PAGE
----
I have a good friend. Her name is Stephanie Freed and she co-founded Rapha International in 2003 after she was challenged by her father to research the issue of human trafficking. Beginning with one aftercare program for underage female survivors of trafficking and sexual exploitation in Battambang, Cambodia, 15 years later, Rapha now serves child survivors in Cambodia, Thailand, and Haiti. Stephanie is a firm believer in quality programming and collaboration, which allows Rapha to enjoy the cooperation and respect of the governments where they are working.
Rapha International is a public benefit 501c3 nonprofit committed to ending the trafficking and sexual exploitation of children. Founded in 2003, Rapha continues to rescue and rehabilitate children, while bringing them to lasting freedom. Rapha’s vision is to see all children living in sustainable freedom within safe communities.
Rapha is a faith-based organization that takes seriously the scripture that reads: “Dear children, let us not love with words or speech but with action and in truth” (1John 3:18). It is with compassion energized and sustained by love that we act on behalf of victimized and vulnerable children. Though we are faith-based, we offer aid without requiring those that we help to embrace our faith. When Jesus fed the 5,000 he did not withhold from those who refused to believe. He gave freely, and so do we.
Linked in: https://www.linkedin.com/in/stephanie-freed-6318091b6/
Christ’s Church of the Valley: https://ccv.church/
CCV Missions: www.ccv.church/missions
Pastor Larrie Fraley: linkedin.com/in/larrie-fraley-53445032
Larrie: [00:00:02] Welcome to another episode of Let's Go 360. Let's Go 360 is a podcast for listeners who want to know more about what God is doing around the world here, near and far. This podcast is sponsored by Christ’s Church of the Valley, also known as CCV. One Church with many locations across the Greater Phoenix area with plans to expand wherever God wants to go. And as always, our show notes will have links to helpful information discussed in each podcast episode, along with a complete transcript of every episode. Check out all episodes on Let's Go 360.org and be sure to check out CCV at CCV’s website. CCV.church. My name is Larrie Fraley . I'm your host and lead pastor of the local and global missions here at CCV. Well, I am so excited about today's episode. I just found out last week that our friends from Rapha International is coming to Phoenix. And so I said, what a great time for a podcast. And so at the last minute, here we are. I met Stephanie many years ago around the time that CCV was getting Streetlight started. You can check out episode 11 with Hannah Burkle. We did an episode with her last week, but today we want to welcome Stephanie Freed and Theara Sath from Rapha International. Years ago, her father urged her to investigate human trafficking. And Stephanie Freed co-founded Rapha International in 2003. And as a result, a single aftercare program for juvenile female survivors of sexual trafficking was started, and it was started in Cambodia. Rapha International today exists for child survivors in Cambodia, Thailand and Haiti. 15 years after it was established as an advocate for the girls who have been traumatized, Stephanie works tirelessly to help them realize their worth and value. Stephanie is dedicated to engaging and educating people on the themes through the use of her voice in a number of public speaking venues, including churches, civic events, conferences. She's worked on a documentary about human trafficking in Cambodia called Finding Home, which was on Netflix two years and received numerous accolades at film festivals. Today we have Stephanie and Theara with us. Gals, welcome to the show.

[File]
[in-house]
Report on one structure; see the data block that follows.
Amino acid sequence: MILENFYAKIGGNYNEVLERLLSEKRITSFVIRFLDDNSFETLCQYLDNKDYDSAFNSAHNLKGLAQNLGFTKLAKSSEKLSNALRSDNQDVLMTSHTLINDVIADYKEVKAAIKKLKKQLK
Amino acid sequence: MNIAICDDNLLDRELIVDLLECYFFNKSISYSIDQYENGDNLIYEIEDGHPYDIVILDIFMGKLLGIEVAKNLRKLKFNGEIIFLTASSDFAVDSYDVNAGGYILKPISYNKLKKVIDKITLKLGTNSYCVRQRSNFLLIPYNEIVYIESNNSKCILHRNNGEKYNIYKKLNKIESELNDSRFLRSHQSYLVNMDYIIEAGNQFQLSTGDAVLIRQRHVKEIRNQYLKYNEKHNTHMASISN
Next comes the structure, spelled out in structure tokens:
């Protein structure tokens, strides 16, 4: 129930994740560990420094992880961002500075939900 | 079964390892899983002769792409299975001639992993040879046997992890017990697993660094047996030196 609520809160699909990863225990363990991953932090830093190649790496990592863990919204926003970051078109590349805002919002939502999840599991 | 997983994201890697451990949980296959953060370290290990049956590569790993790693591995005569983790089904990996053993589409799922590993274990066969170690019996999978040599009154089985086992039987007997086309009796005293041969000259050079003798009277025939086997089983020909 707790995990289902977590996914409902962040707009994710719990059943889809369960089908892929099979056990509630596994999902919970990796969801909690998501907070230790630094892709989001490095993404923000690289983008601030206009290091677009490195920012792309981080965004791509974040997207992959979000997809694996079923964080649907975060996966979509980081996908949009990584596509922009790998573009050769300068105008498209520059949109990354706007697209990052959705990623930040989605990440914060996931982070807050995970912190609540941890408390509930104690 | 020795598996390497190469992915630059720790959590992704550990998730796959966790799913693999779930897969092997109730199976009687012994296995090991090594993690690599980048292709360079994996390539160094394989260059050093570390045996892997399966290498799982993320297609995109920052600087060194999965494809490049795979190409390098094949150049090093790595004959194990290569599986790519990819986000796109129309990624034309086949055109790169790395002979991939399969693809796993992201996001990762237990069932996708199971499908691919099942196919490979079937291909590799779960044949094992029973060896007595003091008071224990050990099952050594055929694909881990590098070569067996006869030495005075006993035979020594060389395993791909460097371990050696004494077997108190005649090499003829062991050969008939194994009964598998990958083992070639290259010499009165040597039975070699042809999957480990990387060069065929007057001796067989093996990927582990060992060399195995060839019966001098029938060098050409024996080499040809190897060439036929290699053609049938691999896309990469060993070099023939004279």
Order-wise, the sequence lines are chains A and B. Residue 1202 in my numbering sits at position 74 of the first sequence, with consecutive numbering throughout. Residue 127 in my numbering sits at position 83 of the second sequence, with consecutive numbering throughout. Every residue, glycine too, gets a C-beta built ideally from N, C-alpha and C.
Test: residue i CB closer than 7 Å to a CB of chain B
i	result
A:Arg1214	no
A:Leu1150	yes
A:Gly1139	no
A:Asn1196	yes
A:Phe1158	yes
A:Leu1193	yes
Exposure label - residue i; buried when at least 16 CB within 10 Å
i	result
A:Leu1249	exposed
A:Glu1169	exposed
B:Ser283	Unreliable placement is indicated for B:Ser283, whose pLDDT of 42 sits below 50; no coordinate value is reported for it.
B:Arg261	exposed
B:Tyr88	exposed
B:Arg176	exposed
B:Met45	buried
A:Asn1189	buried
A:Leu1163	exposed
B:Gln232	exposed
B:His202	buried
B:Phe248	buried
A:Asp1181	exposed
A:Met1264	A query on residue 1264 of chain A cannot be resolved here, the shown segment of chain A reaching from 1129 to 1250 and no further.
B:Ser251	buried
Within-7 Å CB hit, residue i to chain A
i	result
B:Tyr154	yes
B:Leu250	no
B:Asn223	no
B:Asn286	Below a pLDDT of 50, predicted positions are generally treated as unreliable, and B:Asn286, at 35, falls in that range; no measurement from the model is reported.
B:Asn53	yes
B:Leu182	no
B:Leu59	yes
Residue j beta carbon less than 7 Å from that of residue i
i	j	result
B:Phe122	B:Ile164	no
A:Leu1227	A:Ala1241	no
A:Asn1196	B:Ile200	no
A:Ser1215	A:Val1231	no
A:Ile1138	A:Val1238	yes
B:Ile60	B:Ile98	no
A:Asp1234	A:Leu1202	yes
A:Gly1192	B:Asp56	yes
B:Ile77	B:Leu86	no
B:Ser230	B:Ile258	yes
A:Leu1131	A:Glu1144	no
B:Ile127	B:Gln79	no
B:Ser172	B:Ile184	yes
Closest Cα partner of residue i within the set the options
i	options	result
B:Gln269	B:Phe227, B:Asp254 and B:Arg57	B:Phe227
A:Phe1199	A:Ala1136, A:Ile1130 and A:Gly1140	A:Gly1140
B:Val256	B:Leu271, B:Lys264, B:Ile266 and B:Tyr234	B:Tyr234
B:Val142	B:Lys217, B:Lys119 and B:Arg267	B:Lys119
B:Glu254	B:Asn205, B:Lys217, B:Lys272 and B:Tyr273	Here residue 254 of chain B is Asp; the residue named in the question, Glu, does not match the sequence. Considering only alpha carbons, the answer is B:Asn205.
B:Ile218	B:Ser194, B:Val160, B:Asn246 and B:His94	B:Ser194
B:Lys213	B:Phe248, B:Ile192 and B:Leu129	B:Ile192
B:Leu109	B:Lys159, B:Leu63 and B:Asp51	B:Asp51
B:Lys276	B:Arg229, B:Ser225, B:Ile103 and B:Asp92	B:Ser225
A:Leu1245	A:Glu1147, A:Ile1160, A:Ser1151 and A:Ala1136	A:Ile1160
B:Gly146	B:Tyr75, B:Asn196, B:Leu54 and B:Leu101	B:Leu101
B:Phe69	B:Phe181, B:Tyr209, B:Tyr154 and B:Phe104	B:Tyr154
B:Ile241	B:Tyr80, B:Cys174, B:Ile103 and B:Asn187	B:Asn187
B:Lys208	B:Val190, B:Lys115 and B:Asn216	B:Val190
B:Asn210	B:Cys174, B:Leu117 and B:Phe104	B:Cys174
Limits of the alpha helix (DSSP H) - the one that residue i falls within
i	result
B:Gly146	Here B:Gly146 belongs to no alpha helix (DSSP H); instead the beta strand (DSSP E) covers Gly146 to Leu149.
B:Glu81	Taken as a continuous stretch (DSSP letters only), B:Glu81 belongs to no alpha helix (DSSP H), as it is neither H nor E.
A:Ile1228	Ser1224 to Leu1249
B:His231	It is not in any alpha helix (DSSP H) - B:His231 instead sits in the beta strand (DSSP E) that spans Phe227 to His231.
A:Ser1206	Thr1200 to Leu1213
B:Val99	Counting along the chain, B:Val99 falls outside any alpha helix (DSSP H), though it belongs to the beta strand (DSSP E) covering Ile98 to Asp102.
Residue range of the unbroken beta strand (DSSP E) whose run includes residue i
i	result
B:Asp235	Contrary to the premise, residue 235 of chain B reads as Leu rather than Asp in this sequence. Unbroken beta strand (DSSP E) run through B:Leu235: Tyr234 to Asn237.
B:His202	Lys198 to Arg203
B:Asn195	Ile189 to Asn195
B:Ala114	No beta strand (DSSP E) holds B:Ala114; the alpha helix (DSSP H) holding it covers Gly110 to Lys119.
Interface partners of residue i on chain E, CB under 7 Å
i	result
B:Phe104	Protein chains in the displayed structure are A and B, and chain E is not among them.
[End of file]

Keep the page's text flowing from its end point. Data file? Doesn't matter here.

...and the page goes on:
Stephanie: [00:02:41] Hi, Larrie. Thanks for having us.
Larrie: [00:02:43] Theara, thank you for coming. I know you are. You have just got into the US not too long ago, right?
Theara: [00:02:48] Yes. I just got here like last ten days ago.
Larrie: [00:02:52] Okay. Well, you've gotten your sleep acclimation all up to speed. And and we had a great lunch today with some Asian cuisine and so we're all we're all doing well. So, Stephanie, before we get started here, tell us a little bit about about you and Theara. You tell us about yourself as well.
Stephanie: [00:03:10] Yeah, I'll start. I guess, actually, it's a it's kind of a cool story. Our fathers were part of this founding team for Rapha International. Theara's father was actually a he is a still a church pastor in Cambodia. And he did a lot of translating for my father back in at the turn of the new century. And that's how they became acquainted and that's how Theara and I became acquainted. And she is she's the sister of my heart now.
Larrie: [00:03:46] You're headquartered in Joplin.
Stephanie: [00:03:47] Correct?
Larrie: [00:03:48] But Theara. lives in Cambodia.
Theara: [00:03:50] Yes.
Larrie: [00:03:51] Okay. Well, here's the big question. So how big of a problem is this?